or ga·rote, ga·rotte, gar·rotte
- a method of capital punishment of Spanish origin in which an iron collar is tightened around a condemned person's neck until death occurs by strangulation or by injury to the spinal column at the base of the brain.
- the collarlike instrument used for this method of execution.
- strangulation or throttling, especially in the course of a robbery.
- an instrument, usually a cord or wire with handles attached at the ends, used for strangling a victim.
- to execute by the garrote.
- to strangle or throttle, especially in the course of a robbery.
Origin of garrote
Examples from the Web for garroted
On returning that evening from the theatre he is garroted and robbed of all he has with him.
Most of them was garroted, and a few was condemned to work on the roads for life.The Bravest of the Brave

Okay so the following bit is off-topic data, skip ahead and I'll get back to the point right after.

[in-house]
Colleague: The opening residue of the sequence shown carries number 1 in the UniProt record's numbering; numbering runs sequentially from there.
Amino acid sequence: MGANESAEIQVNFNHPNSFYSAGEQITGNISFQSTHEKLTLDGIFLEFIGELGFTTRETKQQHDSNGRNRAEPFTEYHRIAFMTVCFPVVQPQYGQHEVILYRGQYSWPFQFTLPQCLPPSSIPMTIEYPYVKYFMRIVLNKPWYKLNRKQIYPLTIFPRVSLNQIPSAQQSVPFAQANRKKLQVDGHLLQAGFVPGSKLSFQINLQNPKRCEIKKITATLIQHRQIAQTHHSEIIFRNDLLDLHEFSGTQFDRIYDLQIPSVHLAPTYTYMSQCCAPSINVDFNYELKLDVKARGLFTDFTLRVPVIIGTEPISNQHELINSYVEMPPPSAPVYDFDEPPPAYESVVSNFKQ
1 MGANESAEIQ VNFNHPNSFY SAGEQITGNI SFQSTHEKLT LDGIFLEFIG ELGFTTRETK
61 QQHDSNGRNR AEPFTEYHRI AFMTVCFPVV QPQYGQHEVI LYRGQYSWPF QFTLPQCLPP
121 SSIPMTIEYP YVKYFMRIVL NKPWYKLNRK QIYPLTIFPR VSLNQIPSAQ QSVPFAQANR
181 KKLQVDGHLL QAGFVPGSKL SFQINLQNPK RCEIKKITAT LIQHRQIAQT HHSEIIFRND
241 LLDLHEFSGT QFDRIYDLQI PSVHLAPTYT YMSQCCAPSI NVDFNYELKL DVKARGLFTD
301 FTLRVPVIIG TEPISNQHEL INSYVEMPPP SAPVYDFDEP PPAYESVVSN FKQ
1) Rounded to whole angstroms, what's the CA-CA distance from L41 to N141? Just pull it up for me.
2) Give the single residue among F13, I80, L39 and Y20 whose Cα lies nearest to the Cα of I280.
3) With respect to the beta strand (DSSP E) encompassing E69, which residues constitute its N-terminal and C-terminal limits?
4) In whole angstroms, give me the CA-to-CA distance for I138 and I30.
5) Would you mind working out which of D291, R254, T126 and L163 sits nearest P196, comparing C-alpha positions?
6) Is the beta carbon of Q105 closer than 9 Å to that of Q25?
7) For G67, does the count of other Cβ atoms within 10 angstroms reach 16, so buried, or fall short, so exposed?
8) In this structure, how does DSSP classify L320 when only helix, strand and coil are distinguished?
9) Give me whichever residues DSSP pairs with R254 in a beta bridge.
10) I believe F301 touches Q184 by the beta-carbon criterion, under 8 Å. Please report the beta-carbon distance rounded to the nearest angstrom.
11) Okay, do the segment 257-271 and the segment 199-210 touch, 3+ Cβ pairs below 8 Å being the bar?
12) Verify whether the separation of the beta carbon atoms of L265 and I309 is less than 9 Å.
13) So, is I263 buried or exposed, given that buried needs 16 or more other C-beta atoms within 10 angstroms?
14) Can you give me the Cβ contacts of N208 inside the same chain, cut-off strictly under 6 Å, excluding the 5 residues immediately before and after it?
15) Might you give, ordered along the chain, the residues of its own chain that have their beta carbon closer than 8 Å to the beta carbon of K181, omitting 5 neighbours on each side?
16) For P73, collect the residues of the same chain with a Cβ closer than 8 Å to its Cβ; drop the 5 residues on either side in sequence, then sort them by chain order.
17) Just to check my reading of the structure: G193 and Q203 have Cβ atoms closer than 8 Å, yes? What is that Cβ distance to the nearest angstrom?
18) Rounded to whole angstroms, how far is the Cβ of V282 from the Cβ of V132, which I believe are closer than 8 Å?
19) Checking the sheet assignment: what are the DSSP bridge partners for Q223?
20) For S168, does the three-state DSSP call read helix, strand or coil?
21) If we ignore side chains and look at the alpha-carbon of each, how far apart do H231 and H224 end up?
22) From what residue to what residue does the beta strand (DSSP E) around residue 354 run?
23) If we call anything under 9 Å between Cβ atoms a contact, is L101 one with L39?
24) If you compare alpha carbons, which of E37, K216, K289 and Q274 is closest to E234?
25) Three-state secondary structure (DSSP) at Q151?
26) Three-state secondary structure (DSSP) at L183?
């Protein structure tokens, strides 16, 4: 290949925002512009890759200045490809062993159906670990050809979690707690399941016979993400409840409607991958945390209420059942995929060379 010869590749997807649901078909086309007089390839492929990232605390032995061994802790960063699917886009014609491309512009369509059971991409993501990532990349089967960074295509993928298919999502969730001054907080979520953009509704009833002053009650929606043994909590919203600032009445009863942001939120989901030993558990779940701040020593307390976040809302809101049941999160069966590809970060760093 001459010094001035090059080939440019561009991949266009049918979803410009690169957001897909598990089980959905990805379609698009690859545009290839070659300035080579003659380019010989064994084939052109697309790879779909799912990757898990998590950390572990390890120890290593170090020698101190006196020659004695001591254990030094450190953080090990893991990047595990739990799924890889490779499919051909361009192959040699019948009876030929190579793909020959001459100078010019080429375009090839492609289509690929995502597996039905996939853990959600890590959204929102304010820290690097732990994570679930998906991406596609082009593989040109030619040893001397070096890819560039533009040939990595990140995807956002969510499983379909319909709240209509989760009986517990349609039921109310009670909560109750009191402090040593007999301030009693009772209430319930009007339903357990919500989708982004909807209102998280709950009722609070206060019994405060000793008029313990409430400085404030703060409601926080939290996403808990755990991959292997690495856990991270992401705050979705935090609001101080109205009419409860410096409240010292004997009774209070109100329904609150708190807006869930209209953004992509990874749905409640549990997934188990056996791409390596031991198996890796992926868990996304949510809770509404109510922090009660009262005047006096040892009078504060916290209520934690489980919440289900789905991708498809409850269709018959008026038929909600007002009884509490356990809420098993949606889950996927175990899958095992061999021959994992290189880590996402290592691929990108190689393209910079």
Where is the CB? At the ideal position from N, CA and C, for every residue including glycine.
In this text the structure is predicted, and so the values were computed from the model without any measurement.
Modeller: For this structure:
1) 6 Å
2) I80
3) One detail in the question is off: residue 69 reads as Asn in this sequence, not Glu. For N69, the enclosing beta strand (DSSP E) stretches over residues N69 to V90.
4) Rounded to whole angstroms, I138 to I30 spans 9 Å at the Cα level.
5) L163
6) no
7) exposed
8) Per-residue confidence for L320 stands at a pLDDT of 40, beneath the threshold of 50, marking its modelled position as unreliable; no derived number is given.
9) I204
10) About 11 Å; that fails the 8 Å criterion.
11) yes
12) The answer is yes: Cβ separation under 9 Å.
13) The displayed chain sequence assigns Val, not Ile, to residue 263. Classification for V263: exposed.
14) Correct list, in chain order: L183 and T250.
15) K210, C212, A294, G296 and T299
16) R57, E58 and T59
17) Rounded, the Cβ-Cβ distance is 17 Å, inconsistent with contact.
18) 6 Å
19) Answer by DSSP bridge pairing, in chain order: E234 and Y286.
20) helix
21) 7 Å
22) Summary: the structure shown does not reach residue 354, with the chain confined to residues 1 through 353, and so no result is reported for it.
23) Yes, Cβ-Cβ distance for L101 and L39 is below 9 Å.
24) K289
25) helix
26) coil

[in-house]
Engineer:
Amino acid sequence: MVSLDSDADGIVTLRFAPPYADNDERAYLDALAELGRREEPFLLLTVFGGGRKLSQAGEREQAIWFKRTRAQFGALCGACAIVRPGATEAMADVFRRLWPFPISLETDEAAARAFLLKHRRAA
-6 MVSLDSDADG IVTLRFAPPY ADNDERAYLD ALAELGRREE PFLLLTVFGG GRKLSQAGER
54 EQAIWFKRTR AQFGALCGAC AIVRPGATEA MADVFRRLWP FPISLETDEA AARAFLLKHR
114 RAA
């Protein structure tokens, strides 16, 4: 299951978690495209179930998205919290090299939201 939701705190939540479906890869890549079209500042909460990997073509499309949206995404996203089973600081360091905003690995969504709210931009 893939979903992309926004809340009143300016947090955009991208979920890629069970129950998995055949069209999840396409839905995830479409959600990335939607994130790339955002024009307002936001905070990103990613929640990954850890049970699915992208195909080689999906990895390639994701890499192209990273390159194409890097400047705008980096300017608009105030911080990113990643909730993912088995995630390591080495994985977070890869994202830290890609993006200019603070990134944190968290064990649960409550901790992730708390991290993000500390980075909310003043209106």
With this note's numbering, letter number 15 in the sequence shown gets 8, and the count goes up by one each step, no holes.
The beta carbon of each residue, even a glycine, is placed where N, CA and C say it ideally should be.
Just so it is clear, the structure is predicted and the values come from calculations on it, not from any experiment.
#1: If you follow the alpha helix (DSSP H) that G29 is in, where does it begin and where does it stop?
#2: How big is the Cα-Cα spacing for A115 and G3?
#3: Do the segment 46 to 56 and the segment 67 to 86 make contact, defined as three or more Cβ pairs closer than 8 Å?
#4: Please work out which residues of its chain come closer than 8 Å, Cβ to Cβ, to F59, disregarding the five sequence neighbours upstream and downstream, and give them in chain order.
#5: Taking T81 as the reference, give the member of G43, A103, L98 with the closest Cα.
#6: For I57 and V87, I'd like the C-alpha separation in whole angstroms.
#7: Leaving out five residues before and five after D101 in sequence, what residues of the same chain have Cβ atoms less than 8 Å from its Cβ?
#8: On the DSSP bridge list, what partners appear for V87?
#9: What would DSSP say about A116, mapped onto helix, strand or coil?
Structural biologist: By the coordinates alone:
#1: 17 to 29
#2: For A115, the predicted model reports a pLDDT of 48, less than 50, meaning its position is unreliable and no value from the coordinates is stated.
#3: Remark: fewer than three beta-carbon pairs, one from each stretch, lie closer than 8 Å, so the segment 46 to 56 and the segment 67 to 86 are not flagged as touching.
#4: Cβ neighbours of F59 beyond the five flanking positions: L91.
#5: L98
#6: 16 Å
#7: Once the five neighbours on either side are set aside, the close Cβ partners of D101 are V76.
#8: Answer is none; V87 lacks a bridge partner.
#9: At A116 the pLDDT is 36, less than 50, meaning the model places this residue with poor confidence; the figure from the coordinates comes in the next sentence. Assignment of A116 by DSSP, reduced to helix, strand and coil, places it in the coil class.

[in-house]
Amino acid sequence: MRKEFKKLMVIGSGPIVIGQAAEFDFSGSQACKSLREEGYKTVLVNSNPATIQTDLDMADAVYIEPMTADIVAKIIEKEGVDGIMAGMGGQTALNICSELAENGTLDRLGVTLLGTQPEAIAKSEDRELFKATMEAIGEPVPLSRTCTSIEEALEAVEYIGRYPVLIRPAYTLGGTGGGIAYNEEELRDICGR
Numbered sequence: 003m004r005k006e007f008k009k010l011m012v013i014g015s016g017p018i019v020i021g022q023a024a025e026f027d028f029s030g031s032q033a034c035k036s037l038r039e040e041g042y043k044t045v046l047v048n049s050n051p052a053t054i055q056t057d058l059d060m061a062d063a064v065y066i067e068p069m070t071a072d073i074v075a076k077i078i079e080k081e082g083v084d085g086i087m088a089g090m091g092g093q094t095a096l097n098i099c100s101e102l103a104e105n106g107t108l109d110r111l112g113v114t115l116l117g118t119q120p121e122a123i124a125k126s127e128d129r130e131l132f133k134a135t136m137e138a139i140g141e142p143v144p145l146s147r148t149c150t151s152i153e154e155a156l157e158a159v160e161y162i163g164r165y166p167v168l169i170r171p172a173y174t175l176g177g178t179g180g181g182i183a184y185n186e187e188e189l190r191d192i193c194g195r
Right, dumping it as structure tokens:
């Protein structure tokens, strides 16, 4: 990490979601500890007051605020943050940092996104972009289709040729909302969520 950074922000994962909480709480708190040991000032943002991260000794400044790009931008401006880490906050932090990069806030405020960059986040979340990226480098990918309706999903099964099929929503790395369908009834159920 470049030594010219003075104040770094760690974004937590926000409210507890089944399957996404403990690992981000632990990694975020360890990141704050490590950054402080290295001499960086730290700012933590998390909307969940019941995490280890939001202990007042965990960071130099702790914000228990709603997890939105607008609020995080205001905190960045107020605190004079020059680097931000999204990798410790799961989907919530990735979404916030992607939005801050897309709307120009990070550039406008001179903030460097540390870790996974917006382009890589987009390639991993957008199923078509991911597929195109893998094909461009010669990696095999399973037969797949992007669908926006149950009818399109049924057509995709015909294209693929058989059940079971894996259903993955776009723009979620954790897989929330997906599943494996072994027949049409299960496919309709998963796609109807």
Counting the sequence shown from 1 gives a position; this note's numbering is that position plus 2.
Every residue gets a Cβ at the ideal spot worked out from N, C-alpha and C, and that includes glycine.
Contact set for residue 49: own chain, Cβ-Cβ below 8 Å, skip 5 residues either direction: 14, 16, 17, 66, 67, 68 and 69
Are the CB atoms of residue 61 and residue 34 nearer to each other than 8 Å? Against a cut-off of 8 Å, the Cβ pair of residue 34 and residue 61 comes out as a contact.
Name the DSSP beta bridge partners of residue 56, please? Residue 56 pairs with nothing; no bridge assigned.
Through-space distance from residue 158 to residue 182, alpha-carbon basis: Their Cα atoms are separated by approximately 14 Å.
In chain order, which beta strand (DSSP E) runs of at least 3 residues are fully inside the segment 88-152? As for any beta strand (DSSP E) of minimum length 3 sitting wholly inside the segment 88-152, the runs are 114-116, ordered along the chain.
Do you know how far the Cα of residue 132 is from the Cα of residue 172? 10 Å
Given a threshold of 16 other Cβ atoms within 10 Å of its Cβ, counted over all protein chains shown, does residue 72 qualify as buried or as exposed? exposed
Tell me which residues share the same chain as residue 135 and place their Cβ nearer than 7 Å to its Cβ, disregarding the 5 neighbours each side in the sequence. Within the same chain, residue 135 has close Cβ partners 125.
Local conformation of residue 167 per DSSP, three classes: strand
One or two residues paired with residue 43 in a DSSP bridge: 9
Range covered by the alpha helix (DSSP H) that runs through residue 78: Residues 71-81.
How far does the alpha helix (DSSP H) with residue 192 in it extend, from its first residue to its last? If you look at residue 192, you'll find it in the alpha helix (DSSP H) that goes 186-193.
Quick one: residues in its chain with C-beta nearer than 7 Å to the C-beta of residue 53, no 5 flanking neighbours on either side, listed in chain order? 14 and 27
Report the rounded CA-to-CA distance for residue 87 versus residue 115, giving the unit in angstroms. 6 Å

G. A. Henty
Art, now in its very birth in his heart and life, was to be garroted.The Lane That Had No Turning, Complete
He was garroted at Havana, being refused the honorable death of a soldier.Cuba
Arthur D. Hall
It fell upon me; I was seized, garroted, gagged, and guarded by the police.A Start in Life
Honore de Balzac
Word Origin and History for garroted
also garrotte, 1620s, "Spanish method of capital punishment by strangulation," from Spanish garrote "stick for twisting cord," of unknown origin, perhaps from Old French guaroc "club, stick, rod, shaft of a crossbow," probably ultimately Celtic, but possibly from Frankish *wrokkan "to twist" (cf. Middle Dutch wroken "to twist").
I have no hesitation in pronouncing death by the garrot, at once the most manly, and the least offensive to the eye. [Major John Richardson, "British Legion," 1837]
"to execute with a garrote," 1851, from garrote (n.); sense of "choke and then rob" is from 1852. Related: Garotted; garotting.